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The big Irishman arrived in the country on March 16, one day before St Patrick’s Day — always a good day for a man from the Emerald Isle.
But a few days after some St Patrick’s Day festivities, things went decidedly grim as the whole country was put into a hard lockdown.
Regan, who had come to Dunedin to play a bit of club rugby and make an impact at the next level if possible, had the opportunity to hop on a plane and head back to Ireland just before the lockdown but wisely decided against it.
"It has been great here. I’m kind of glad I did not go home. They didn’t start playing rugby there until like August," he said.
Regan said Ireland was still struggling with lockdowns but in New Zealand he had played a full club season and was enjoying Dunedin and its climate.
He comes from a small town outside Dublin which is not a rugby stronghold. Hurling and Gaelic football are the preferred sports.
His father played hurling to a top level but Regan preferred rugby from a young age.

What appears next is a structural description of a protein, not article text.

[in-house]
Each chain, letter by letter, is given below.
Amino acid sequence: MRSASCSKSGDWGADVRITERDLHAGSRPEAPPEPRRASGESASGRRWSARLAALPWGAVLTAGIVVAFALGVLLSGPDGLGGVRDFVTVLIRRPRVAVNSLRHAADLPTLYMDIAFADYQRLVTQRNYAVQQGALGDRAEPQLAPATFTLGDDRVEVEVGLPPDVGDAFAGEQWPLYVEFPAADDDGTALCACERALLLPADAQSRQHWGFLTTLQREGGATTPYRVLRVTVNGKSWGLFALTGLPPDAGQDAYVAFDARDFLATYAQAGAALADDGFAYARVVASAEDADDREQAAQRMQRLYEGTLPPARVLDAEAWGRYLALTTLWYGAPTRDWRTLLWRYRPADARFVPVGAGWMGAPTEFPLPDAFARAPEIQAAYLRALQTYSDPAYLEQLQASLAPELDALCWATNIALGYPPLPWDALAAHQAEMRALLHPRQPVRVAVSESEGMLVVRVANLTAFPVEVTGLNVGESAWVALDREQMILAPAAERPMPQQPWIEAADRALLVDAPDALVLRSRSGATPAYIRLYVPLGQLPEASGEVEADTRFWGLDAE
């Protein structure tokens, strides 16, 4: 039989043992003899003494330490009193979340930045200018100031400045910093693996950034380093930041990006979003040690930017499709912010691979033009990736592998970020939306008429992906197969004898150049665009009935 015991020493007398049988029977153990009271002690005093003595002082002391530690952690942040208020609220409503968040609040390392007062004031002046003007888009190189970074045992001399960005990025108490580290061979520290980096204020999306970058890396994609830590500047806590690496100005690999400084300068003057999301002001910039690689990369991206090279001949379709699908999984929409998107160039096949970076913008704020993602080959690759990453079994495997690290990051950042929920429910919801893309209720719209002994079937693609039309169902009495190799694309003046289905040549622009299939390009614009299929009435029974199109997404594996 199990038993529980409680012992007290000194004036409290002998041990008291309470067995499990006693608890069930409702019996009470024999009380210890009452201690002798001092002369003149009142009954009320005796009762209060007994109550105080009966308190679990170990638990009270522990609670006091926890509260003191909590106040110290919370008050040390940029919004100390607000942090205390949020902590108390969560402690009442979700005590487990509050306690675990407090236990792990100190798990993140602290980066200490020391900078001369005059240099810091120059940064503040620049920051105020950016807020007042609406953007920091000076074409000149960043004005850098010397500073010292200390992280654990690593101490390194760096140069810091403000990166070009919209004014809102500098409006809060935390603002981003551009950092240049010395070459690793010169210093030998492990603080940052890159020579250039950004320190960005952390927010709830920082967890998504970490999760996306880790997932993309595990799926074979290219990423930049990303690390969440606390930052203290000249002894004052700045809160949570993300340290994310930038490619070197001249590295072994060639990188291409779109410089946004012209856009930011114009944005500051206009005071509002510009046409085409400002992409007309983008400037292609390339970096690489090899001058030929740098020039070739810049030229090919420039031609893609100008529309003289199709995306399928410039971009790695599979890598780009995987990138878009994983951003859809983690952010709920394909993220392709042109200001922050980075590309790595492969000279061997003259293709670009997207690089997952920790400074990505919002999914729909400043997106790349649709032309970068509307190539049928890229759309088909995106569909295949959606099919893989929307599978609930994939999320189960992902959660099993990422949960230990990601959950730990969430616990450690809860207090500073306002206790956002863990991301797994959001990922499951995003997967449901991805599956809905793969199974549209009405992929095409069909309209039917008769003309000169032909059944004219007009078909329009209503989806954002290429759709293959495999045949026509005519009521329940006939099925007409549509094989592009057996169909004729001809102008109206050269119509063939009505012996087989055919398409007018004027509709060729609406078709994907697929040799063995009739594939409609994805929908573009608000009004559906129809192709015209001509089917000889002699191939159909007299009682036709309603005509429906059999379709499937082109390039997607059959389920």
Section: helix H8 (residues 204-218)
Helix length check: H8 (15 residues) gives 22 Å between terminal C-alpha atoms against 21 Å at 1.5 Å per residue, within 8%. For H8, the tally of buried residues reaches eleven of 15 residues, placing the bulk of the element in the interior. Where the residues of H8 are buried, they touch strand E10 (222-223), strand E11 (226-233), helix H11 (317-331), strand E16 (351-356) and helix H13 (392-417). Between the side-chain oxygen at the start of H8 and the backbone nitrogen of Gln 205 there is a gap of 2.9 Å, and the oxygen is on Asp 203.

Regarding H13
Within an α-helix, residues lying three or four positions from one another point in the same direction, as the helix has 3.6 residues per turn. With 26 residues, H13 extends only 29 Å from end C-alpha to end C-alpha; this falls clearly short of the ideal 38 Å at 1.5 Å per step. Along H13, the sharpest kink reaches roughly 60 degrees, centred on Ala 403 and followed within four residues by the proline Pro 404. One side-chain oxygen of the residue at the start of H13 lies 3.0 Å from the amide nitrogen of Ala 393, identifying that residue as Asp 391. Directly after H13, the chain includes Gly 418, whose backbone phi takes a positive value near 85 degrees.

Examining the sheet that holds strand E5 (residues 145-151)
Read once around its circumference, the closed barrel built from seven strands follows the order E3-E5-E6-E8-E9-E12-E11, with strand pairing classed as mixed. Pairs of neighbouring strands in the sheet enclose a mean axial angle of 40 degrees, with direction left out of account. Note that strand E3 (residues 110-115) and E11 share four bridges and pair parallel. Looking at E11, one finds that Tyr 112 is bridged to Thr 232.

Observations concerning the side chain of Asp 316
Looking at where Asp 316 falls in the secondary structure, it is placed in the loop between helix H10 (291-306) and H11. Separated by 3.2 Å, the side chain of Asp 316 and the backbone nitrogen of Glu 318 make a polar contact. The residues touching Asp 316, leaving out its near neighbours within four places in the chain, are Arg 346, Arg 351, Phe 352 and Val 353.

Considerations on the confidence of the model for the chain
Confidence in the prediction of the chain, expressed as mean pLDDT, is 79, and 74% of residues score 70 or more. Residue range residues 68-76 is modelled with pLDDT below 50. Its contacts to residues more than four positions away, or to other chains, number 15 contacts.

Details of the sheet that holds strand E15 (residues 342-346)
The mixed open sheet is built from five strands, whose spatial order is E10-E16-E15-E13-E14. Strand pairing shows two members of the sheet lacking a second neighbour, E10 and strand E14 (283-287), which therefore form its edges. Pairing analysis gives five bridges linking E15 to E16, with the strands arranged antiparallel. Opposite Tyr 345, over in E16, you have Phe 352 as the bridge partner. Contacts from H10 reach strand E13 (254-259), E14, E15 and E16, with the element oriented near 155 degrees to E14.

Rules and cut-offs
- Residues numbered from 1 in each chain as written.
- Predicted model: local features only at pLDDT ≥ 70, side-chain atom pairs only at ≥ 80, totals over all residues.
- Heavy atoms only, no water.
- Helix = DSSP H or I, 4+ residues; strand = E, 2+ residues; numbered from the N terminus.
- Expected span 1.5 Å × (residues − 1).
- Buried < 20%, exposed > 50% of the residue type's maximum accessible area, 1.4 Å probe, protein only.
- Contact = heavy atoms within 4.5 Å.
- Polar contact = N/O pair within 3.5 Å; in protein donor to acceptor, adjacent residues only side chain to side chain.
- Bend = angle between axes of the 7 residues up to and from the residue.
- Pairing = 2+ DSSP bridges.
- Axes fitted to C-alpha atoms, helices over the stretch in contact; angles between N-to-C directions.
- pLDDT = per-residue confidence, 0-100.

He played through age-group sides for Leinster and then spent three years in the Ulster professional set-up. He also played for Ireland under-20 sides.
But when nothing materialised from that, manly due to a bad back injury which caused sciatica, he looked round and considering his options.
Bronson Ross, who played for Dunedin, and had links with Irish rugby, asked him to consider coming and playing for Dunedin. He jumped at the chance and here he is.
A good club season meant he was noticed by Otago coach Tom Donnelly.
"I’m loving it here. Like the people. I’m living in a nice place. All the Otago boys are all great lads."
Arriving at the time he did, he could not get his work visa processed for more than four months but was now making up for it.
"It’s good getting a run of games. Back at Ireland I didn’t really get the opportunity. The coach here trusts me to do a job.
"I have got a role to do. I will just try and do it the best I can. Here it is quick and fast. In Ireland, there is huge incentive on scrum, maul, penalty and like. Here it is more of a platform to play from."
Regan (23) scored the winning try against Wellington last week as the ball bounced into his hands with the tryline just a couple of metres away. He duly did the business for Otago to score an upset win over Wellington.
"When I scored it I sort of couldn’t believe it really. I don’t score too many and when I do, it takes a while to sink in."
Regan, like many, was unsure of his future but said he was just making the most of the season so far.